After discussing business for an hour, Peñas and Correa moved next door to the Hotel Meliá Fénix. It was the same hotel where Peñas had first decided to begin recording his boss, and it belonged to the same chain as the hotel where Correa had, all those years ago, begun his career as a bellboy. Decorated with red carpets and gold furnishings, the building oozed the kind of ostentatious wealth that Correa adored.

That evening, as a police unit outside watched the hotel, Correa unburdened himself. A few nights earlier he had met with one of his longtime contacts at the PP, chief administrator of the party Luis Bárcenas, the man who controlled the party’s secret accounts. The meeting had not gone well. Correa and Bárcenas, despite working together for years, reportedly had a difficult relationship. Bárcenas, Correa complained to Peñas, was cutting him off from new contracts.

To draw Correa out, Peñas feigned ignorance about his friend’s relationship with the powerful politician. Correa took the bait, telling him: “I, Paco Correa, [...] have given 1bn pesetas personally to Bárcenas.” Not only that, he continued, but he knew where Bárcenas kept his money, and “how he gets it out of Spain and offshore”.

“That’s why they’re so scared of you, man,” Peñas responded, playing along. “You know everything.”

“Yeah,” said Correa. “But I’m not going to talk.”

Over the next year, police continued to gather evidence on Correa and his associates. As they listened in to his calls, officers heard Correa oscillate between the confidence of a man accustomed to buying his way out of trouble and paranoia, as he grew increasingly suspicious that someone had snitched on him.


Shortly after 10am on 6 February 2009, police conducted simultaneous raids on almost 20 properties across Spain, arresting five people and seizing company records. During one raid, officers wrestled a black USB stick from the closed fist of Correa’s accountant. On it, they found a spreadsheet that seemed to contain detailed accounting of all of the group’s illicit earnings. Payments to politicians and businessmen appeared to have been dutifully logged.

The story was a political earthquake. Within days of the first raids, allegations of corruption, previously dismissed as an isolated problem, had hit senior PP officials across the country, throwing the party into chaos and provoking resignations. Dozens of suspects would be placed under investigation for a range of charges including bribing public officials, money laundering and belonging to a criminal organisation. Many of those arrested were respected public figures. One had even been vice-president of Spain’s state oil giant Repsol, although he had left the company years before his arrest. (In 2018 he was sentenced to three years in prison for tax fraud.)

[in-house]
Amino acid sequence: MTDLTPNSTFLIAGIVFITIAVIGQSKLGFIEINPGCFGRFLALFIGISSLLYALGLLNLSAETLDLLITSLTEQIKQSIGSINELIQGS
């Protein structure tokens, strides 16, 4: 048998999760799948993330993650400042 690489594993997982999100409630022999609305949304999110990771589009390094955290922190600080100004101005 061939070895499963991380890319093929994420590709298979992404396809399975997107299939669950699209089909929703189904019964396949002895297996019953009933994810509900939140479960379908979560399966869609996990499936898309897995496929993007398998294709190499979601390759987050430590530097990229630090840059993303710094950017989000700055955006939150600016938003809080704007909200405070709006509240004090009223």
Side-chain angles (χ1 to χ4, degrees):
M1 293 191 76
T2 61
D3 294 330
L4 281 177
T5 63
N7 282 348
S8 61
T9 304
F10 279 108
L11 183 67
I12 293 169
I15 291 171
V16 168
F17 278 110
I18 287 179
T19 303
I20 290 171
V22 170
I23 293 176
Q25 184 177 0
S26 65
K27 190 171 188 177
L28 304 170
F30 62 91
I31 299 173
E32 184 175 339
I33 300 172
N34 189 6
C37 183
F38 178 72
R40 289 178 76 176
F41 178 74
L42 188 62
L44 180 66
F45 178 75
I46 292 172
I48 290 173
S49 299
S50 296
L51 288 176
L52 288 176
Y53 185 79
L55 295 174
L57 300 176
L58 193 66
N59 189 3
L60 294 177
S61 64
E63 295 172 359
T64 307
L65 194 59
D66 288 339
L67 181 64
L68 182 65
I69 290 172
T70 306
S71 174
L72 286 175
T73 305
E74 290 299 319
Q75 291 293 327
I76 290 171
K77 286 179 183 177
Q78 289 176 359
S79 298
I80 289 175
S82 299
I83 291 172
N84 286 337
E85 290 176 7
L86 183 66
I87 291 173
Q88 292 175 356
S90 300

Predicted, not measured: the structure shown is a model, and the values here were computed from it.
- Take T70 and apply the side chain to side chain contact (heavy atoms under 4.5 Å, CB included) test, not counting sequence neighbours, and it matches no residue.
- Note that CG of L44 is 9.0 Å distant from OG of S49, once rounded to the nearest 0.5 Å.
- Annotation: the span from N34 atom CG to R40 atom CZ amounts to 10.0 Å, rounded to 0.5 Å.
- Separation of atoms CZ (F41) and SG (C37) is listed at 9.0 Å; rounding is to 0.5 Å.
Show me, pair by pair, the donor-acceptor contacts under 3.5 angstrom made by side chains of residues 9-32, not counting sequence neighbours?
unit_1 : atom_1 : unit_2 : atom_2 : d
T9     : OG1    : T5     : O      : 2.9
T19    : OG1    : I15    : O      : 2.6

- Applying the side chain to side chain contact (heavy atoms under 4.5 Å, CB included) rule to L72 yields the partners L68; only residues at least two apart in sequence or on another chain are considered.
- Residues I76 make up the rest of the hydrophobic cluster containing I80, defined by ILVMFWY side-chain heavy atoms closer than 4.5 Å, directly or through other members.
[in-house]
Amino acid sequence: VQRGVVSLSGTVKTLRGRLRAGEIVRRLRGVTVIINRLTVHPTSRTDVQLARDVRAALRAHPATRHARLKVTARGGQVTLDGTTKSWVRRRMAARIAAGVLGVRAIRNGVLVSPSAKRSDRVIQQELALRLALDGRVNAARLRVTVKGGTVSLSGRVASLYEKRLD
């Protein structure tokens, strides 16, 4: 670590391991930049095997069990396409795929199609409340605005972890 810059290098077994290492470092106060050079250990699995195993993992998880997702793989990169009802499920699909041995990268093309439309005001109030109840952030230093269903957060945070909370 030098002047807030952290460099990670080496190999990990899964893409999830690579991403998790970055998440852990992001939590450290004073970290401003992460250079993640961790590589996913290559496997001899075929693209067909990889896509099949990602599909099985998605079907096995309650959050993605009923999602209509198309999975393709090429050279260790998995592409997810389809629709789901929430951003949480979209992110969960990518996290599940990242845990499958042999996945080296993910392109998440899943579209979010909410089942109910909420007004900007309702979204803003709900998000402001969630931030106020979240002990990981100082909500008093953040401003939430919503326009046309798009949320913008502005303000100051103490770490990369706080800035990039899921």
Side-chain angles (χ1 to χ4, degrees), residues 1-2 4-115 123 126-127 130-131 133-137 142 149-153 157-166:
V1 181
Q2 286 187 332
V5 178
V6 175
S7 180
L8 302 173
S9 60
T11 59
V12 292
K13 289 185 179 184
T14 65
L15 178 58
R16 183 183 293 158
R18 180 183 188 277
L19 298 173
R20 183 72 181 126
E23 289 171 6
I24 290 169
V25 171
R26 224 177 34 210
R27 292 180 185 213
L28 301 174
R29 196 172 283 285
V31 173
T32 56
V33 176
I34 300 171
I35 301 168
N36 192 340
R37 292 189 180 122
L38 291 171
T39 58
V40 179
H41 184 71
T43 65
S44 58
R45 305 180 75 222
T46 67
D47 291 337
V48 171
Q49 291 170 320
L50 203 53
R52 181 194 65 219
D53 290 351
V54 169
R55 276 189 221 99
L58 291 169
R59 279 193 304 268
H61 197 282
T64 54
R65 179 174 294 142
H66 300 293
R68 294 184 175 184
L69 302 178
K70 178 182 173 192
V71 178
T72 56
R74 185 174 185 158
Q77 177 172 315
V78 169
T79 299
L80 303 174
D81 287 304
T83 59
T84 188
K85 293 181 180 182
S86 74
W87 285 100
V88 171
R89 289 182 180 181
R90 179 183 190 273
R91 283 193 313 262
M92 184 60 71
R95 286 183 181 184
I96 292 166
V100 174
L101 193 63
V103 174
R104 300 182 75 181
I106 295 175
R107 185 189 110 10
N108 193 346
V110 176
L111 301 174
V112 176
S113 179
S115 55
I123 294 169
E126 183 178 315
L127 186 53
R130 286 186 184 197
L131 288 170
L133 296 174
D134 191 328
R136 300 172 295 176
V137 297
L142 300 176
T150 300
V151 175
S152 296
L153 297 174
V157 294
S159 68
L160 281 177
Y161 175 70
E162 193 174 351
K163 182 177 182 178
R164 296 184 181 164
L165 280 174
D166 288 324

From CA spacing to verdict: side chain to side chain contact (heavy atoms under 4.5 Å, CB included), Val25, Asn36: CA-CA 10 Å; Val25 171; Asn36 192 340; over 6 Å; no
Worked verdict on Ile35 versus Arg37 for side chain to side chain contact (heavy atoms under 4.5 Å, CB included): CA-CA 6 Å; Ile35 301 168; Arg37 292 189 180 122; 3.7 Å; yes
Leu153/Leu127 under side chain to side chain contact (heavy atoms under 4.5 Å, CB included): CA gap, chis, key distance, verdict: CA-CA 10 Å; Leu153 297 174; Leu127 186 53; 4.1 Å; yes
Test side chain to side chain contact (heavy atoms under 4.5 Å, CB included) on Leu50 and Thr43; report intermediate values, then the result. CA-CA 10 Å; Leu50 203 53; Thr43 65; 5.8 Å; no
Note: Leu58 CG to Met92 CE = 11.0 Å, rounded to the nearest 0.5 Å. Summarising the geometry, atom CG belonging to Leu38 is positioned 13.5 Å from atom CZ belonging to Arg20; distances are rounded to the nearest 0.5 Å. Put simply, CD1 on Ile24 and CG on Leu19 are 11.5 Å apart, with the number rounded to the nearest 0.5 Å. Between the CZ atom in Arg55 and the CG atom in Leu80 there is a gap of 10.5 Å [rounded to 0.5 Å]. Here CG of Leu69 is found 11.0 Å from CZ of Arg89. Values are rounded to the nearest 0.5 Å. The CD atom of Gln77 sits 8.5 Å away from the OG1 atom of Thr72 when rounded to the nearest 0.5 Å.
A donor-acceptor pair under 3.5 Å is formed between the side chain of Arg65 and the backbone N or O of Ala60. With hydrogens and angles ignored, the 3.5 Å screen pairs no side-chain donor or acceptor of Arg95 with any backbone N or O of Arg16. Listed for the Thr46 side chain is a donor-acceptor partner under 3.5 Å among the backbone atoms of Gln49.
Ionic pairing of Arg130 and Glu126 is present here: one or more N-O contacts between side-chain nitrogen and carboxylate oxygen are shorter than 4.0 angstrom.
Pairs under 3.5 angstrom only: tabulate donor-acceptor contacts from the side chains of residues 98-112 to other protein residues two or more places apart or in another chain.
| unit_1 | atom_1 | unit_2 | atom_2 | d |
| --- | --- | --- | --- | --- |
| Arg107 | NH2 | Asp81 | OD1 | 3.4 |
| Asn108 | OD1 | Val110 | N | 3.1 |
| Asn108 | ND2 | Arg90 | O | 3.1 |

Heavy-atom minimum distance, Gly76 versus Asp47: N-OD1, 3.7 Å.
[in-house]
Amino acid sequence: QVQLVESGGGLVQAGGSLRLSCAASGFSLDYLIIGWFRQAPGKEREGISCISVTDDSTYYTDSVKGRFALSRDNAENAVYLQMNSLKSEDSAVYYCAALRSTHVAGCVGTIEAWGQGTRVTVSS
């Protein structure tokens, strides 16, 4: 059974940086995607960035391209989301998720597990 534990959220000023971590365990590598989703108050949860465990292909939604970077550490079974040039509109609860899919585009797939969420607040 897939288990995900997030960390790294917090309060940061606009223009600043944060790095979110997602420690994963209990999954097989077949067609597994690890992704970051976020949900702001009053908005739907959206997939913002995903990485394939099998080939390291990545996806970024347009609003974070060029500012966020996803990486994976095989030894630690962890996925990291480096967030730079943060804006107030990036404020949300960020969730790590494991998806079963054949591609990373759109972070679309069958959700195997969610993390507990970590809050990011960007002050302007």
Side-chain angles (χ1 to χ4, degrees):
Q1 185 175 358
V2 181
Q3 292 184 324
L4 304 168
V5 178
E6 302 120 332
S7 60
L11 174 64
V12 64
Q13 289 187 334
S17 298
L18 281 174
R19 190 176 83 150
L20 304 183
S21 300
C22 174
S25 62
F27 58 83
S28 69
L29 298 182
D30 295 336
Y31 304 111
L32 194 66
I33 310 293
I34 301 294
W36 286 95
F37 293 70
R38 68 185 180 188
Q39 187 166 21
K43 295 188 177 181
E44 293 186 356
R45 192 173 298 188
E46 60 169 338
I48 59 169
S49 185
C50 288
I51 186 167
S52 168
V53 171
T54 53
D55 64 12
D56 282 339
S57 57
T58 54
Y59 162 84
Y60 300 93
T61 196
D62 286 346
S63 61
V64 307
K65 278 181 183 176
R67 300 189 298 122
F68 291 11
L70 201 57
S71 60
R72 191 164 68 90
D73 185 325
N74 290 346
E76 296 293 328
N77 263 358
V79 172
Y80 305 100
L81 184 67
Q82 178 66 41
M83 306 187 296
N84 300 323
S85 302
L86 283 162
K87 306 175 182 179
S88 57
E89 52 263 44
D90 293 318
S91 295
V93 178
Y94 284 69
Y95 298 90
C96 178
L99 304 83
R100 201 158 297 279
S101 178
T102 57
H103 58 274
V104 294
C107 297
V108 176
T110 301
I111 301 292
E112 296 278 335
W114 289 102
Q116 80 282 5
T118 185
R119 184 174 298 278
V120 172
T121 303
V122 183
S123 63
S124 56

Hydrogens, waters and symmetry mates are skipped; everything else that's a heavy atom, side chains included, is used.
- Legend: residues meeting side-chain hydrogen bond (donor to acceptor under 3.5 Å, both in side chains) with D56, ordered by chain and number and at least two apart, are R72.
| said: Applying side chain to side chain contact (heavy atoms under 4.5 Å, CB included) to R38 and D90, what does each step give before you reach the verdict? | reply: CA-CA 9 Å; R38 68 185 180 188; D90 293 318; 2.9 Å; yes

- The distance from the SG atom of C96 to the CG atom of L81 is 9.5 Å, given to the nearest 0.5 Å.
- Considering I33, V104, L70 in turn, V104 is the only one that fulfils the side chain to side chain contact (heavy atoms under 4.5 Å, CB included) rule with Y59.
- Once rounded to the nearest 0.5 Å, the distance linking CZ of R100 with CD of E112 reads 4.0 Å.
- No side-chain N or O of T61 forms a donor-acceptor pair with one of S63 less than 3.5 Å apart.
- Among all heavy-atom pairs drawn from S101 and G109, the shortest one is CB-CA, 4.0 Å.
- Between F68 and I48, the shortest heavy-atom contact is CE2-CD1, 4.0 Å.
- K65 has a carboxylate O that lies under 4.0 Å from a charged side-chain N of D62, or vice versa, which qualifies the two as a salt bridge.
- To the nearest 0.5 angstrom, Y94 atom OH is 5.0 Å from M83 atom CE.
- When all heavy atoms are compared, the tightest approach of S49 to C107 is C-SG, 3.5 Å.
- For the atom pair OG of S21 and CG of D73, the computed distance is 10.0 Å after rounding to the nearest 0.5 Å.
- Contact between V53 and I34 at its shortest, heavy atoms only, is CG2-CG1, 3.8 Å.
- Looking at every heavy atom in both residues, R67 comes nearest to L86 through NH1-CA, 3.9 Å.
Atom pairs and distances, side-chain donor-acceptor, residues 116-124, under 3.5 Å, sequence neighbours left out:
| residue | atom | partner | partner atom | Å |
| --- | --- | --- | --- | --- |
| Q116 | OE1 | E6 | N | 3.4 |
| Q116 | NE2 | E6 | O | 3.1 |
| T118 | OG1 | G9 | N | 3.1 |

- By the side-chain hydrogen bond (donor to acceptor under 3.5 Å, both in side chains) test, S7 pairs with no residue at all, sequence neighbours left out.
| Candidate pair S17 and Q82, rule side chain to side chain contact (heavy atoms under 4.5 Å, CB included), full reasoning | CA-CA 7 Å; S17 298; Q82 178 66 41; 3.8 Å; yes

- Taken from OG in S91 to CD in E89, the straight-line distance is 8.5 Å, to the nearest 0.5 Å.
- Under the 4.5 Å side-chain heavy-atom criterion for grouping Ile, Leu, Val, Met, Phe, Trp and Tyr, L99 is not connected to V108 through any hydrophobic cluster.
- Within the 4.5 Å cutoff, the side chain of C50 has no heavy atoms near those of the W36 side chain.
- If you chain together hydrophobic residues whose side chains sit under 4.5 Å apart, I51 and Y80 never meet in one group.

Six days after the raids, on 12 February 2009, the PP held a press conference to deny the party’s involvement in any wrongdoing. In fact, they went much further, claiming to be victims of a leftwing conspiracy. The Gürtel case, they claimed, was an unprecedented partisan attack on the party, masterminded by the controversial judge Baltasar Garzón and ministers from the Socialist party, which was in power at the time. “This is not a PP plot,” said Mariano Rajoy, who was then leader of the PP. “This is a plot against the People’s party.”

In the years after the investigation went public, the PP did everything possible to stymie its progress, bringing multiple complaints against prosecutors, police and judges involved in the case. “All of us, in one form or another, felt the breath of power on the back of our necks,” Garzón told me.

Peñas felt the threat almost immediately. Within days of the arrests, and despite the investigation being sealed by court order, it was leaked that he was the whistleblower behind the recordings. In conservative Majadahonda there were many who viewed Peñas not as a whistleblower, but as a rat, an agent of a plot to bring down the PP. On the street, people sometimes harangued or spat at him. He began receiving threatening phone calls at home. In one incident later that year, Peñas told me, his wife, Raquel, was driving home with their two young children, when she was forced off the road by another vehicle, swerving into a ditch. The three passengers were terrified but unharmed. Around 2am the following morning, a man telephoned their home. Next time, the voice told Peñas, his wife would fall from a greater height. Peñas, mistrustful of the police, did not report the incident.

Other whistleblowers experienced similar harassment. “For me it’s been like a horror film,” said Ana Garrido, a former civil servant who reported allegations of corruption in commuter town Boadilla del Monte in 2009. Garrido has faced “death threats, being chased, sued [unsuccessfully by her former employer], blackmailed and having to quit my job”.


With new, sordid details constantly seeping into the press, the Gürtel case spent years on the front pages. Newspapers reported how Correa would count envelopes of cash in full view at dinner, organise sex parties for politicians and spend so much time at a nearby brothel that they dubbed it “the office”. The men who had allegedly conspired with Correa were often referred to not by their real names, but by the colourful pseudonyms that would come to define the case in the public imagination: The Rat, The Meatball, The Moustache, Luis the Bastard.

An indignados protest in Madrid, 2012
An indignados protest in Madrid, 2012. Photograph: Emilio Morenatti/AP

The revelations came as the economic crisis began to take hold, galvanising anger about corruption. In 2011, unemployment reached 22%. Almost one in two young people were out of work. In May 2011, protesters, most of them young, began occupying plazas in Madrid, Barcelona and Valencia to protest bank bailouts, austerity and corruption. They were known as the indignados, the outraged ones. More than 6 million people took part over weeks of protests. National surveys showed overwhelming support for the movement, which transcended traditional party lines. A generation of young people with few job prospects began questioning the assumptions that had underpinned Spain’s young democracy. “Gürtel was the ‘emperor has no clothes’ moment for Spain,” said Carlos Delclós, a former indignados activist and author of a book on the movement and its political inheritor, Podemos. “Gürtel made it clear that it was not specific cases of corruption but that it was systemic. That corruption was the system.”